KNOCKLONG, or LONG, a parish, in the barony of COSTLEA, county of LIMERICK, and province of MUNSTER, 6 miles (S. E.) from Bruff, on the road from Limerick to Mitchelstown; containing 2842 inhabitants.
It comprises 4298 statute acres, as applotted under the tithe act, about one-fourth of which is under tillage, and the remainder consists of rich meadow and pasture land, principally in large dairy farms. The soil is in general very good, being based on limestone, of which there are two good quarries; here is also abundance of bog. A butter market is held on Tuesdays, and fairs are held at Knocklong on May 23rd and Oct. 1st, for fat cattle, sheep, and pigs; the October fair has a large show of good horses: fairs are also held at Knocktoran, on March 3rd, April 6th, July 29th, Nov. 1st, and Dec.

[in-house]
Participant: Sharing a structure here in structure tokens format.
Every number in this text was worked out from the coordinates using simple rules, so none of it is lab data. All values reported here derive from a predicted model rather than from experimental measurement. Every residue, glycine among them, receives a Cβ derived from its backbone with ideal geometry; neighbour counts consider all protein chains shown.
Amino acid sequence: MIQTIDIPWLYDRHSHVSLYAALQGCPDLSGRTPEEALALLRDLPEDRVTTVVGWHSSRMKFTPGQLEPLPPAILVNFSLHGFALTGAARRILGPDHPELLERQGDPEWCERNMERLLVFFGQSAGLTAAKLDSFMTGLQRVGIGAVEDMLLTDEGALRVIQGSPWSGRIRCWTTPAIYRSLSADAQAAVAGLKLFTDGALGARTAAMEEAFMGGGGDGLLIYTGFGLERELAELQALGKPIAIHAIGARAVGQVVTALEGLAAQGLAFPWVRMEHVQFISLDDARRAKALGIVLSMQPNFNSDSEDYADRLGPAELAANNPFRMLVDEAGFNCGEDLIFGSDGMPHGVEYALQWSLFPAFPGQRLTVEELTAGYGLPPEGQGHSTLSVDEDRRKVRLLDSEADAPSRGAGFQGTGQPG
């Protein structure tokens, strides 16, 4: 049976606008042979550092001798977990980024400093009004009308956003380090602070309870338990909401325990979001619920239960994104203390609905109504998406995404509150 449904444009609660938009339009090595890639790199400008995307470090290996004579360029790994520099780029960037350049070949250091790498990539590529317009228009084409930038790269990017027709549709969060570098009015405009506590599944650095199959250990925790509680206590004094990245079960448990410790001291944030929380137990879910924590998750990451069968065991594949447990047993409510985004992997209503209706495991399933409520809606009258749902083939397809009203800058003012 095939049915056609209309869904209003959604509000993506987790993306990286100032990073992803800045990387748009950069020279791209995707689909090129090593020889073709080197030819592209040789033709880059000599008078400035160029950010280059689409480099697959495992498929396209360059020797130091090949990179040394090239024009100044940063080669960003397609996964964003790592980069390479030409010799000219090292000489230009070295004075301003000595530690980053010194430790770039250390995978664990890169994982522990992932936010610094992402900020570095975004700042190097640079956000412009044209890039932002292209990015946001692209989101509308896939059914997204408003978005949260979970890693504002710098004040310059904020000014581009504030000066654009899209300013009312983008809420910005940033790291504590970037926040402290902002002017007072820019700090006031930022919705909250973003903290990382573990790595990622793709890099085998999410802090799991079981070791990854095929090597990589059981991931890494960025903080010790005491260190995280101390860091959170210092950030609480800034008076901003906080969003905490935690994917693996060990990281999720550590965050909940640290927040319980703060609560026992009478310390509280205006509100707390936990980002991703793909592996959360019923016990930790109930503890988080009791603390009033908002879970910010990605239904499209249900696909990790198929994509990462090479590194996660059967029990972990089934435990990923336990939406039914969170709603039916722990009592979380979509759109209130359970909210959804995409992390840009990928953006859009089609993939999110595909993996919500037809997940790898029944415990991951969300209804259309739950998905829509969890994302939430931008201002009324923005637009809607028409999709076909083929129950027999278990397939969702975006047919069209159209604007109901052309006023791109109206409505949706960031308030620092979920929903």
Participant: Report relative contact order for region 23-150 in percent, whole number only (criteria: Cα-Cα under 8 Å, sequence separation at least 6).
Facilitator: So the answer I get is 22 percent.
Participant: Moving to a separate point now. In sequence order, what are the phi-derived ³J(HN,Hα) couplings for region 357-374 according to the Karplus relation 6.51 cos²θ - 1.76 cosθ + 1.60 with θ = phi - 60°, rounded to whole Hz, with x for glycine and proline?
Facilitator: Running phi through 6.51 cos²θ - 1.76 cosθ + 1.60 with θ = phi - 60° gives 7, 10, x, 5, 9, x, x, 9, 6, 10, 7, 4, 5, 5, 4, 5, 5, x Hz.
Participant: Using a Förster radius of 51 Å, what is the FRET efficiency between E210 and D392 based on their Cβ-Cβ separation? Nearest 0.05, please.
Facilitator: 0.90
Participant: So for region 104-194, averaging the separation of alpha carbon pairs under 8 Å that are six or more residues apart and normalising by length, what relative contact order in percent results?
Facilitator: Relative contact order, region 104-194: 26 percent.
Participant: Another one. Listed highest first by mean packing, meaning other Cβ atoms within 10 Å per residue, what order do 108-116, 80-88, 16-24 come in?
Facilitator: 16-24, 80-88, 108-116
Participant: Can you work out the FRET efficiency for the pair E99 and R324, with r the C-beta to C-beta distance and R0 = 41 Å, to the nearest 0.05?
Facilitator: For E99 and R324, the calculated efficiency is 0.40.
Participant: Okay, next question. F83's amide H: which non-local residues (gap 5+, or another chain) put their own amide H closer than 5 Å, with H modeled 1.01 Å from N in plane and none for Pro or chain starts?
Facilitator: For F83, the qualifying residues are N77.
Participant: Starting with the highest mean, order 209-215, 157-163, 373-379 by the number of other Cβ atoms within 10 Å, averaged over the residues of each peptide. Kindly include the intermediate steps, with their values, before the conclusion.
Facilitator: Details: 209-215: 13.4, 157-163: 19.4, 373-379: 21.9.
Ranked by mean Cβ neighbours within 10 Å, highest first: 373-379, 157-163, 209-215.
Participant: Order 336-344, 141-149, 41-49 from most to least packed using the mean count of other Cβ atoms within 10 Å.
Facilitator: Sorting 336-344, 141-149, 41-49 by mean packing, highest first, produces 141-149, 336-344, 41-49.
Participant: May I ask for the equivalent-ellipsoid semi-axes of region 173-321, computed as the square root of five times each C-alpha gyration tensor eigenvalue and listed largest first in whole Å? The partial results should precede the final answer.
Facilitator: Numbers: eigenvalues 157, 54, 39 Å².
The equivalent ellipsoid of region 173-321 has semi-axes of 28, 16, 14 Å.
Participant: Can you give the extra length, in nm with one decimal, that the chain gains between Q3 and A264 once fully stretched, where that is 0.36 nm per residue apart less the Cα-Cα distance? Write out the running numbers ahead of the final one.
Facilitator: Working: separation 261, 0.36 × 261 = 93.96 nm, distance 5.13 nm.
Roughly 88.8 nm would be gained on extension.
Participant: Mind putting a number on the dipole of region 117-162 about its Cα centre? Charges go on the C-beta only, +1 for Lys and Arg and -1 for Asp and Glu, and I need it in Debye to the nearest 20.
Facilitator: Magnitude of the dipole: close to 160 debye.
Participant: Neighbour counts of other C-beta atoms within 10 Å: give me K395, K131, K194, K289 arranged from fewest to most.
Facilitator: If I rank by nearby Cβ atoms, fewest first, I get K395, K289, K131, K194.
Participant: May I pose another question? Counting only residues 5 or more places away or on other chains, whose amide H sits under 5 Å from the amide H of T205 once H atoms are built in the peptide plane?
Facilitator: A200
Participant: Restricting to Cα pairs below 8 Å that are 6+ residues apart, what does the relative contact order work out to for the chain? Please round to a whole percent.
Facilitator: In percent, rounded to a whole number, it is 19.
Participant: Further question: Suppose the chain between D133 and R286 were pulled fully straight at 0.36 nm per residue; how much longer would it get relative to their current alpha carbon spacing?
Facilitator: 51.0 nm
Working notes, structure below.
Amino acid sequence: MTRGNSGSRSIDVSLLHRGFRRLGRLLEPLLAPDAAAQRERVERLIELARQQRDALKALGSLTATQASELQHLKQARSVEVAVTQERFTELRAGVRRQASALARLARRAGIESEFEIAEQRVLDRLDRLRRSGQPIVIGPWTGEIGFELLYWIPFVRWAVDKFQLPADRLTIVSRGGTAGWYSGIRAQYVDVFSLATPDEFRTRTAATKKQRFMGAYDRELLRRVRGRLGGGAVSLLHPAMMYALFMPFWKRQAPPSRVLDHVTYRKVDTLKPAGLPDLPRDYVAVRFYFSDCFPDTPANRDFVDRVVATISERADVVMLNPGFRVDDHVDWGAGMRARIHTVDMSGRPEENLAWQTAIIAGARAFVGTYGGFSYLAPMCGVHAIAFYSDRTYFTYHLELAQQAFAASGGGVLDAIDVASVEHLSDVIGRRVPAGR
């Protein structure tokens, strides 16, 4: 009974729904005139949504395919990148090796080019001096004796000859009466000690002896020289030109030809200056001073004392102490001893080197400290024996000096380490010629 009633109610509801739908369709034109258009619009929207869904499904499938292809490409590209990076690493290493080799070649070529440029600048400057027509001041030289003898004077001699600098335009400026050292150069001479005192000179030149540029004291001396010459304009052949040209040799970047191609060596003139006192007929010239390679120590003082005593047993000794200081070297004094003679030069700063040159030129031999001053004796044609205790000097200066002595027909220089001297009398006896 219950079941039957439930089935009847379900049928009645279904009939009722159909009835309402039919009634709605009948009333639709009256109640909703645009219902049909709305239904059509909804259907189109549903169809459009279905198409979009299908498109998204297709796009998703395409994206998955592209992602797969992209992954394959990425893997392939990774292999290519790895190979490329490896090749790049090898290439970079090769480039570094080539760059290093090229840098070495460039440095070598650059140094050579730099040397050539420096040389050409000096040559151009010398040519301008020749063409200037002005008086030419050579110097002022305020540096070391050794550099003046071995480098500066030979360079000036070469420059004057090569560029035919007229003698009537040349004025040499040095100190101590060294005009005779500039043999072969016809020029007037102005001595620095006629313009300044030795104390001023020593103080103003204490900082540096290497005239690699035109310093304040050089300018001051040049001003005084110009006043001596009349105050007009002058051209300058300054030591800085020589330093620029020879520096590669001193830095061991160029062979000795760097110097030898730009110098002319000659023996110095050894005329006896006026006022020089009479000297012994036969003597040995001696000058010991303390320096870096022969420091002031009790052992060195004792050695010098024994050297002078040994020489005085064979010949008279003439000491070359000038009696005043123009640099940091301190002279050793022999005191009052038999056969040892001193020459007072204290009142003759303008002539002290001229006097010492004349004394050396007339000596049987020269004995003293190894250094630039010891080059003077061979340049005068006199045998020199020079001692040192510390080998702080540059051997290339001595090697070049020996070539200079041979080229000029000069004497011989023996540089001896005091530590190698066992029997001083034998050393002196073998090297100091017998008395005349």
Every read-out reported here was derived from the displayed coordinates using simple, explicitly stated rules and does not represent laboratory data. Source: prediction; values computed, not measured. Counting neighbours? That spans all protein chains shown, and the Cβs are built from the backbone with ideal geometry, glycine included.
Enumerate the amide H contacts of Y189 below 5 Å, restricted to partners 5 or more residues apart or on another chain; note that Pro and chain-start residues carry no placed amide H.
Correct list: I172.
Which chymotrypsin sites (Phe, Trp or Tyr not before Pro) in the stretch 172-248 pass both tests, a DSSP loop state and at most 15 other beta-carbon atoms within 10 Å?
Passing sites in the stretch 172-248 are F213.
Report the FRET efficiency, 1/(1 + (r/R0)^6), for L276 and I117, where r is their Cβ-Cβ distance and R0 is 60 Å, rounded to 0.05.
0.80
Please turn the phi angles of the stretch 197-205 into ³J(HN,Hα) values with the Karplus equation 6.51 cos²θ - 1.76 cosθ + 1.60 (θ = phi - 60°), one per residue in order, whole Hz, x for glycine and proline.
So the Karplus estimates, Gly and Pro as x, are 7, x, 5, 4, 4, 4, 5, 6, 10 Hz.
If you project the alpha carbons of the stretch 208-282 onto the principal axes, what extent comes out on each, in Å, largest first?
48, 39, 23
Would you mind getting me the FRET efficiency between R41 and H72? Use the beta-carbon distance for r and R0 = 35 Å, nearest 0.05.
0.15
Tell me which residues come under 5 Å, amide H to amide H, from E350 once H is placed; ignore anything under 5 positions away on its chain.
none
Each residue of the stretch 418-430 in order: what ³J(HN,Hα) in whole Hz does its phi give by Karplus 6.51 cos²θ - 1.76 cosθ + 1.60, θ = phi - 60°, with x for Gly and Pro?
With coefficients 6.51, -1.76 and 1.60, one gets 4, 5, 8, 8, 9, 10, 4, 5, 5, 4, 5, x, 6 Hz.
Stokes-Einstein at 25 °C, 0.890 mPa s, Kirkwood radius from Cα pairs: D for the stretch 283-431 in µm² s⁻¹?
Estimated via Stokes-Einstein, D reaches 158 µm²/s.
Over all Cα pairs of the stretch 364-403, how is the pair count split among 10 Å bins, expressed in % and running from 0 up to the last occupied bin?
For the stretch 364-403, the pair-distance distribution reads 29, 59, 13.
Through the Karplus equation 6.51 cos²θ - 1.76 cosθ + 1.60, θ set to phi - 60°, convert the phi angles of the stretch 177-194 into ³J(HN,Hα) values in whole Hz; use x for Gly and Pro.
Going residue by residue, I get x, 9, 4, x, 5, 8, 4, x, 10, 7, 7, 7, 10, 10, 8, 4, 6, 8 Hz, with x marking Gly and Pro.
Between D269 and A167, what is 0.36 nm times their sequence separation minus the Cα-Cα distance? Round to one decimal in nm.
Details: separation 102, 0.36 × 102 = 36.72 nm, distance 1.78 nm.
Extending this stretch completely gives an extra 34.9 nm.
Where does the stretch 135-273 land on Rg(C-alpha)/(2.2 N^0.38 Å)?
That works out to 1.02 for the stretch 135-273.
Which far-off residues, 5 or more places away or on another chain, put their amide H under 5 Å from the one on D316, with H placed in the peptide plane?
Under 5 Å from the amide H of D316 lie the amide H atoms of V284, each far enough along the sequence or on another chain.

20th. The Morning Star river, which bounds the parish on the southern side, contains very fine trout. The principal seats are Castle Jane, the residence of Thaddeus R. Ryan, Esq.; and Hill Cottage, of the Rev.
E. Graham. It is a vicarage, in the diocese of Emly, forming part of the union of Aney; the rectory is impropriate in the Earl of Limerick. The tithes amount to £422. 12, 5., of which two-thirds are payable to the impropriator, and one-third to the vicar. There is a glebe of 6 acres. In the R. C. divisions it is the head of a union or district, and has chapels at Knocklong and Glenbrohane. There are two private schools, in which 120 children are educated. The ruins of Knocklong castle are on an eminence commanding very extensive views: it was the seat of the O'Hurleys, and near it are the remains of a church. In the grounds of Ryves castle is an ancient burial-ground, with a lofty and handsome vault for the Lowe family, who were formerly proprietors of the castle. The Clangibbon family also had here the castle of Ballinahinch.
from Lewis's Topographical Dictionary of Ireland, 1837.